• Obviously we don՚t know, but my best guess is that the simplest way to get representation, is as a kind of  mimesis . Our mythical creature doesn't so much represent future world states as experience them. It doesn't think “about” them; it has no mechanism for that. It doesn't manipulate a set of tokenized representations, it re-activates past experiential states in such a way as to feel what they would be like if they were realized. From there, behaviors that are aimed at achieving pleasant future states or avoiding unpleasant ones can be triggered accordingly.
      • Is a form of quotation a cognitive primitive? In a sense it must be, because any kind of mental representation has to recall a past state of affairs but not entirely. (Note: this is almost exactly Marvin Minsky's K-lines).
      • Somehow you get the ability to recreate mental states (eg, of having just ate) without having to actually be in the corresponding physical state. My conjecture is that whatever primitive mechanism enables this is also at the root of play and that explains why play seems so basic and yet hard to describe – it is at the root of description itself.
      • In this view, play and the ability to create simple representations of the world are very closely linked. They both involve a decoupling, the ability to put a kind of quotation mark around basic sensation. This quotation ability is not some fancy high-level metacognition, it's more basic than that, a fundamental mechanism of thought.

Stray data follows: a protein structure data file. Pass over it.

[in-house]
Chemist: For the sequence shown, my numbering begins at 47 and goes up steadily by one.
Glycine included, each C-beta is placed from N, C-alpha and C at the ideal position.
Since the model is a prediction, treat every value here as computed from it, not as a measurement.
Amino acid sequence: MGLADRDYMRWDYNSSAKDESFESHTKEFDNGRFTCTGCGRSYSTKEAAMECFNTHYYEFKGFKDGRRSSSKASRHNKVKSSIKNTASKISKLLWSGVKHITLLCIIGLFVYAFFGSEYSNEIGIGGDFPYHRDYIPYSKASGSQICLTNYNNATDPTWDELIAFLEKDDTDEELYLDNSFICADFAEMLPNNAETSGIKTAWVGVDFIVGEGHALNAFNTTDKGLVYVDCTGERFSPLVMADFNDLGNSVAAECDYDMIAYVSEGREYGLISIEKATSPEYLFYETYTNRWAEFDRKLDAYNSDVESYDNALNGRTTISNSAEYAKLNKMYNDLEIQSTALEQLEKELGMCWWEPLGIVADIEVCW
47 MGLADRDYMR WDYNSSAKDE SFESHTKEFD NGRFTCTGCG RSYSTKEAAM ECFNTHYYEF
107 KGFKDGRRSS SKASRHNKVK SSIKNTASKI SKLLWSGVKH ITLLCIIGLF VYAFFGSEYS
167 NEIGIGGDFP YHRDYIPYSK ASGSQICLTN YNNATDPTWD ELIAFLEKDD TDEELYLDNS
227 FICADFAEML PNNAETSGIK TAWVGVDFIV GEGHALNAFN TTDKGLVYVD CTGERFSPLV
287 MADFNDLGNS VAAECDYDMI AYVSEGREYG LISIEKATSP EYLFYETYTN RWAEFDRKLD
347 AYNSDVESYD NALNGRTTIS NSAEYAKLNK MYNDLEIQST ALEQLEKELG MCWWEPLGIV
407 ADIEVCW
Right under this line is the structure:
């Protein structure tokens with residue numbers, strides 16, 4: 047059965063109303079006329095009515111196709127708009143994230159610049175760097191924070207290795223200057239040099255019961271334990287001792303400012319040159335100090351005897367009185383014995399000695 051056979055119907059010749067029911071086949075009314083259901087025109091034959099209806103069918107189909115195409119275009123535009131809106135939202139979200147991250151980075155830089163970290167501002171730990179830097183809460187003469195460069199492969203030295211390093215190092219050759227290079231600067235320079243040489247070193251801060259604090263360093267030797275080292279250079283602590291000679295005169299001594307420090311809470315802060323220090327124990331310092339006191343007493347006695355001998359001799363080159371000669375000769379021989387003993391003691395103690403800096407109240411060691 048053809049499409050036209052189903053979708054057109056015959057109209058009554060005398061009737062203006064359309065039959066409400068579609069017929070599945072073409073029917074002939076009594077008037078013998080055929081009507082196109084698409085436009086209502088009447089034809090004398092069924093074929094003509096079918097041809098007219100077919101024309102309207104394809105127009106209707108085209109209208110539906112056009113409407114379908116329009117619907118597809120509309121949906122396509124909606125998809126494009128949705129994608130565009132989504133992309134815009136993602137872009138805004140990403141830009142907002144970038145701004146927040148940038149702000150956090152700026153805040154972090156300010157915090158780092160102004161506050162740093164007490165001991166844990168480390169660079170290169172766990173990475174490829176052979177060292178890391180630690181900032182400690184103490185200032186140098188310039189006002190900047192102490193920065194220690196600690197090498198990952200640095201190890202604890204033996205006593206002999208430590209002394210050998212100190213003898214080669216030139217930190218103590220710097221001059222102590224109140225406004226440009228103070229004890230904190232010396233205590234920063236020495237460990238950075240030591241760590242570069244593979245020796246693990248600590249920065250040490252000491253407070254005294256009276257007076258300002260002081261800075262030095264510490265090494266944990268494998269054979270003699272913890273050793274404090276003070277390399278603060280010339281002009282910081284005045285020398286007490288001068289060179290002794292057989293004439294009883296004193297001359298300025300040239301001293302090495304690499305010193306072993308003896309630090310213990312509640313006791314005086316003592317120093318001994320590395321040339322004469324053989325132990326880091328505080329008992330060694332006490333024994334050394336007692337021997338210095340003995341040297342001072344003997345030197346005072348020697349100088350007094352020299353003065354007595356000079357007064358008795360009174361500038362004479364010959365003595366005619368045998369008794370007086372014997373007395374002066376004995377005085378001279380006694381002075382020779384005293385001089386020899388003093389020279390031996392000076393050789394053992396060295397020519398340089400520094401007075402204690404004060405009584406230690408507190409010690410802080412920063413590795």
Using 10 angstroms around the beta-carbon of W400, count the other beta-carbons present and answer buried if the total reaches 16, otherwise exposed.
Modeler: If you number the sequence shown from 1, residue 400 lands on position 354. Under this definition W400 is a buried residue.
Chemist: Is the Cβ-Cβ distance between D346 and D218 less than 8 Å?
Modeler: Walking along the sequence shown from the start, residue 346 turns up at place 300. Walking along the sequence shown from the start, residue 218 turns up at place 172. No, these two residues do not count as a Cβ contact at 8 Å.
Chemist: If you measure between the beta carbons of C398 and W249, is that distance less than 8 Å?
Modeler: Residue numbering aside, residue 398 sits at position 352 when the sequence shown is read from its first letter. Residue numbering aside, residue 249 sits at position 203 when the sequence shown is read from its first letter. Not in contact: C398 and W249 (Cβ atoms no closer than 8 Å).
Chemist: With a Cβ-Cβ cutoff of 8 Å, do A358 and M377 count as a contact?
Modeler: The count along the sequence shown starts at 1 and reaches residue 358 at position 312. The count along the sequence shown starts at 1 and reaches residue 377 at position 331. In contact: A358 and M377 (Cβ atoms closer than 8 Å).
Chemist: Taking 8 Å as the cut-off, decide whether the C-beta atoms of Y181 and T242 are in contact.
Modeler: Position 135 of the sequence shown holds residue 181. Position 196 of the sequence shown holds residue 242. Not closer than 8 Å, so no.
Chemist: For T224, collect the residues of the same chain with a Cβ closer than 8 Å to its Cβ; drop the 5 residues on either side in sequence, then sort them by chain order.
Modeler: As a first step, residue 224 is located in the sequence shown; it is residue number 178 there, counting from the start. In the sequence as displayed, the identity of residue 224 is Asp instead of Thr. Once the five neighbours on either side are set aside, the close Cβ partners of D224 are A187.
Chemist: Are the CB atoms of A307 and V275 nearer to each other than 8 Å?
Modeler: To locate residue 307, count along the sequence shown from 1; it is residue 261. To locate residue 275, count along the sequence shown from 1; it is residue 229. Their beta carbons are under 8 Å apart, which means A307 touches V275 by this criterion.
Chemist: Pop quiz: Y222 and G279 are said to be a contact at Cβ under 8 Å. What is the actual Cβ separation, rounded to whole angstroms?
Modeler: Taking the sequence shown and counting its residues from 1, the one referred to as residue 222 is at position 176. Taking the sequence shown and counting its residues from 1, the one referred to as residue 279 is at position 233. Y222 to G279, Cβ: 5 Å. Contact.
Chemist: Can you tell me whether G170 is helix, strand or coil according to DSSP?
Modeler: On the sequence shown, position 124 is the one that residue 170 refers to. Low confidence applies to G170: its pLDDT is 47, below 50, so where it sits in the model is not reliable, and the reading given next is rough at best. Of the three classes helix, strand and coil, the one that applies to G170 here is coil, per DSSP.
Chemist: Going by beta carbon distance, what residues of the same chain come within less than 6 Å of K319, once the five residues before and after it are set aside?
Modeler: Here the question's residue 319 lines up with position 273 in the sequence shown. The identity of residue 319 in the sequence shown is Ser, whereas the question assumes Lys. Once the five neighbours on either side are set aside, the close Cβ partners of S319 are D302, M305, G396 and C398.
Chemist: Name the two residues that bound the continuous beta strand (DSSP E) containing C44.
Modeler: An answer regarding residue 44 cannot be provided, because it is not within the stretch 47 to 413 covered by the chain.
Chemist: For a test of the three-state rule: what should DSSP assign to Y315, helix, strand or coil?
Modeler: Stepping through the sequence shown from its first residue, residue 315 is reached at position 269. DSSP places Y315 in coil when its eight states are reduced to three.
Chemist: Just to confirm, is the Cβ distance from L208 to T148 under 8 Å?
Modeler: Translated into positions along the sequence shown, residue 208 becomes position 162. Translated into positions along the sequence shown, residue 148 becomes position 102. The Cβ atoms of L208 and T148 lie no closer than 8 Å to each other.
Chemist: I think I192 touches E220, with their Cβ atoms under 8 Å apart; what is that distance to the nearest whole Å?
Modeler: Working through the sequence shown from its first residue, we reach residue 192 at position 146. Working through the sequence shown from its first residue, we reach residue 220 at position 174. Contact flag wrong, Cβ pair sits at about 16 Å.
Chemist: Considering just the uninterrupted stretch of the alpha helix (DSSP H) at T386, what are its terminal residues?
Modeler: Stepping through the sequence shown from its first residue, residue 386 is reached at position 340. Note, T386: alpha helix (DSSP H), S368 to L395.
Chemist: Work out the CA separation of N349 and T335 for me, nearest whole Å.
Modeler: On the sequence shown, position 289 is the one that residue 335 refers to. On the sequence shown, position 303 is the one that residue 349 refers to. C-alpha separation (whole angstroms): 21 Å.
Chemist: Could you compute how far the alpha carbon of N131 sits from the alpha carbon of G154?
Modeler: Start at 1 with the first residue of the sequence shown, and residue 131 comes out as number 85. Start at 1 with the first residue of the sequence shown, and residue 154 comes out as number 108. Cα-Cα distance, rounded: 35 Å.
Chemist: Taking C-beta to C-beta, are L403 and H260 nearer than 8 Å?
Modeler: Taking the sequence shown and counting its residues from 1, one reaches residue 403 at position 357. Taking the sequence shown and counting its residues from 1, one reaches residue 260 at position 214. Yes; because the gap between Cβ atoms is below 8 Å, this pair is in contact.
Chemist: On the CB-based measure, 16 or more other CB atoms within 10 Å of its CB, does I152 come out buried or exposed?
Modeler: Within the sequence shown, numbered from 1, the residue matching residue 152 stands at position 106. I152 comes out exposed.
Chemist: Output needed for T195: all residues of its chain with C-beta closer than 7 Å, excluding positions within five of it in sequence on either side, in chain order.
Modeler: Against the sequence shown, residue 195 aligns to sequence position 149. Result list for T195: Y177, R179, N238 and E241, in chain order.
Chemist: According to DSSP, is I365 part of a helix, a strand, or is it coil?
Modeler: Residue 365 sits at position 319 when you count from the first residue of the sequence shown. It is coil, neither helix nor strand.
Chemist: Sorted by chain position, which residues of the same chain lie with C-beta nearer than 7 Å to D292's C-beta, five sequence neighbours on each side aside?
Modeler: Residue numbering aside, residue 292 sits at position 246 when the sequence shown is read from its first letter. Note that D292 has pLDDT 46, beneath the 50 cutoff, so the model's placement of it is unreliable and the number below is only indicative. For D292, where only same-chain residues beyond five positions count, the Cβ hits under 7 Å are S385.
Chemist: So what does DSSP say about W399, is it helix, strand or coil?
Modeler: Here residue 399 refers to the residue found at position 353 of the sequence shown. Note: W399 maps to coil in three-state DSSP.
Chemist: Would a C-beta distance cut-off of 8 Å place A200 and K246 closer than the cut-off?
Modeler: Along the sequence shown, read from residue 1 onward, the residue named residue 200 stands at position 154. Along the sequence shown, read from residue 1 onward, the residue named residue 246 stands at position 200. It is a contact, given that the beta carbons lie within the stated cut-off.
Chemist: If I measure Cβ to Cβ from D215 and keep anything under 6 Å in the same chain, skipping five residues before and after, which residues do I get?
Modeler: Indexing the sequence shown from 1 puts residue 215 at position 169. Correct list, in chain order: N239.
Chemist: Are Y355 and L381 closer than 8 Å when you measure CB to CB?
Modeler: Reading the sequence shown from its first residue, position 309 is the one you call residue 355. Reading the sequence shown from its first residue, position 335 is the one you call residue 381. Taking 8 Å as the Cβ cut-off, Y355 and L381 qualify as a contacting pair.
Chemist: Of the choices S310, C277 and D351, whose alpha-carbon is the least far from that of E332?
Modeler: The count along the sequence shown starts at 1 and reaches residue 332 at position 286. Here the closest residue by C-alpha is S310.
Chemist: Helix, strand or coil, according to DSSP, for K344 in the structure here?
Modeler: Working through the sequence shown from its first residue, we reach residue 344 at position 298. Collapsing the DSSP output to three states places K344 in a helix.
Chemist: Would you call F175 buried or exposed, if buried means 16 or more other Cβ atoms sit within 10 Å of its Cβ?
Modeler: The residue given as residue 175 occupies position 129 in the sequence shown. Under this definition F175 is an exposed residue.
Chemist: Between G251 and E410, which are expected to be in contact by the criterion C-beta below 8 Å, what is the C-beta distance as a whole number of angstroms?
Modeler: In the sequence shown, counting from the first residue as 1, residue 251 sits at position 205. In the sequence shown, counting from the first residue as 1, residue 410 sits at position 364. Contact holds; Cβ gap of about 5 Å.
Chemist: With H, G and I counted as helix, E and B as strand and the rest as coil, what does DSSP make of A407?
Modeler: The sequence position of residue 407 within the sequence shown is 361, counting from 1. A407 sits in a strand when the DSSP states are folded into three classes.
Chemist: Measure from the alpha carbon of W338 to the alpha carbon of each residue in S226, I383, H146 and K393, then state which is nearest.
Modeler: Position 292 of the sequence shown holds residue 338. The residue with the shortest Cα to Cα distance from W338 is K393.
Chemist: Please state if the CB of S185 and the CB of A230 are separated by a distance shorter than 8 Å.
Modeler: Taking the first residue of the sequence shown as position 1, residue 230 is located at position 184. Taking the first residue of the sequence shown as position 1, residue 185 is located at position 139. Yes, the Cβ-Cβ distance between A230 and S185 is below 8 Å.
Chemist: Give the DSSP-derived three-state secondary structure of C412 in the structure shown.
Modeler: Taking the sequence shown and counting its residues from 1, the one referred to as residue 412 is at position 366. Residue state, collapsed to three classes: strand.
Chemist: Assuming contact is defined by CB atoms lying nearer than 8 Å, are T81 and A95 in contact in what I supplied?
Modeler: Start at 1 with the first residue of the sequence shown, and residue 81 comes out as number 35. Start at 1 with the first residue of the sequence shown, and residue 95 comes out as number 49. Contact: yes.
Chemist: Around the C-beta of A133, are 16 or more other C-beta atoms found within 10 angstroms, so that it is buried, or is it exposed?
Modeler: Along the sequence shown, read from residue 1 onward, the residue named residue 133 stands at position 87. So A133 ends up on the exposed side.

• Of course in humans the ability to experience imaginary states is orders of magnitude more powerful and sophisticated. We do have the ability to create symbolic representation, and we can pretty much completely decouple them from lived experience (or think that we can). We are hallucinating imaginary states of being all the time, it's a fundamental part of our nature.
    • Sketch of Refactor Camp talk

      • I՚m going to talk about play, but not about any of its ordinary manifestations, in games or politics or culture or whatnot. There is a very interesting literature on that, from Homo Ludens to Richard Schecter՚s approach to theater and ritual. (yes that sounds pretentious – but I did read it!). Homo Ludens is quite remarkable in how, despite being a heavey and erudite tome of classical scholarship, it manages to embody some of the spirit of play it is trying to describe.
      • But I՚m a geek not a humanist, so I like to think about what play might have to say about the architecture of cognitive machinery. In particular, the fact that play is manifestly present in non-human animals is intriguing, because it suggests that if it does play a role in cognition, it is quite low in the hardware stack – prior to language, obviously, possibly prior to the evolution of mammals.
      • Play as a cultural primitive

        • Huizinga, Homo Ludens
          • Play is an essential constituent of culture
        • “civilization arises and unfolds in and as play. ”
        • “Now in myth and ritual the great instinctive forces of civilized life have their origin: law and order, commerce and profit, craft and art, poetry, wisdom, and science. All are rooted in the primaeval soil of play.”
      • Bateson՚s theory of animal play

        • Play involves a kind of framing or quoting of normal behavior
        • Signals on two levels:
          • Level 1: “I՚m fighting!”
          • Metacommunication: “But not really!”
        • “it is evident that a very important stage in this evolution [of play signalling] occurs when the organism gradually ceases to respond quite automatically … and becomes able to recognize the sign as a signal: that is, to recognize that the other individual's and its own signals are only signals, which can be trusted, distrusted, falsified, denied, amplified, corrected, and so forth.”
        • Play involves a kind of quoting of mental states that suggests that it could be at the root of more sophisticated forms of mental representation.
        • Extend Bateson view slightly to self-signalling. And what is thinking but re-activating mental structures, but carefully framed?
      • The machinery of play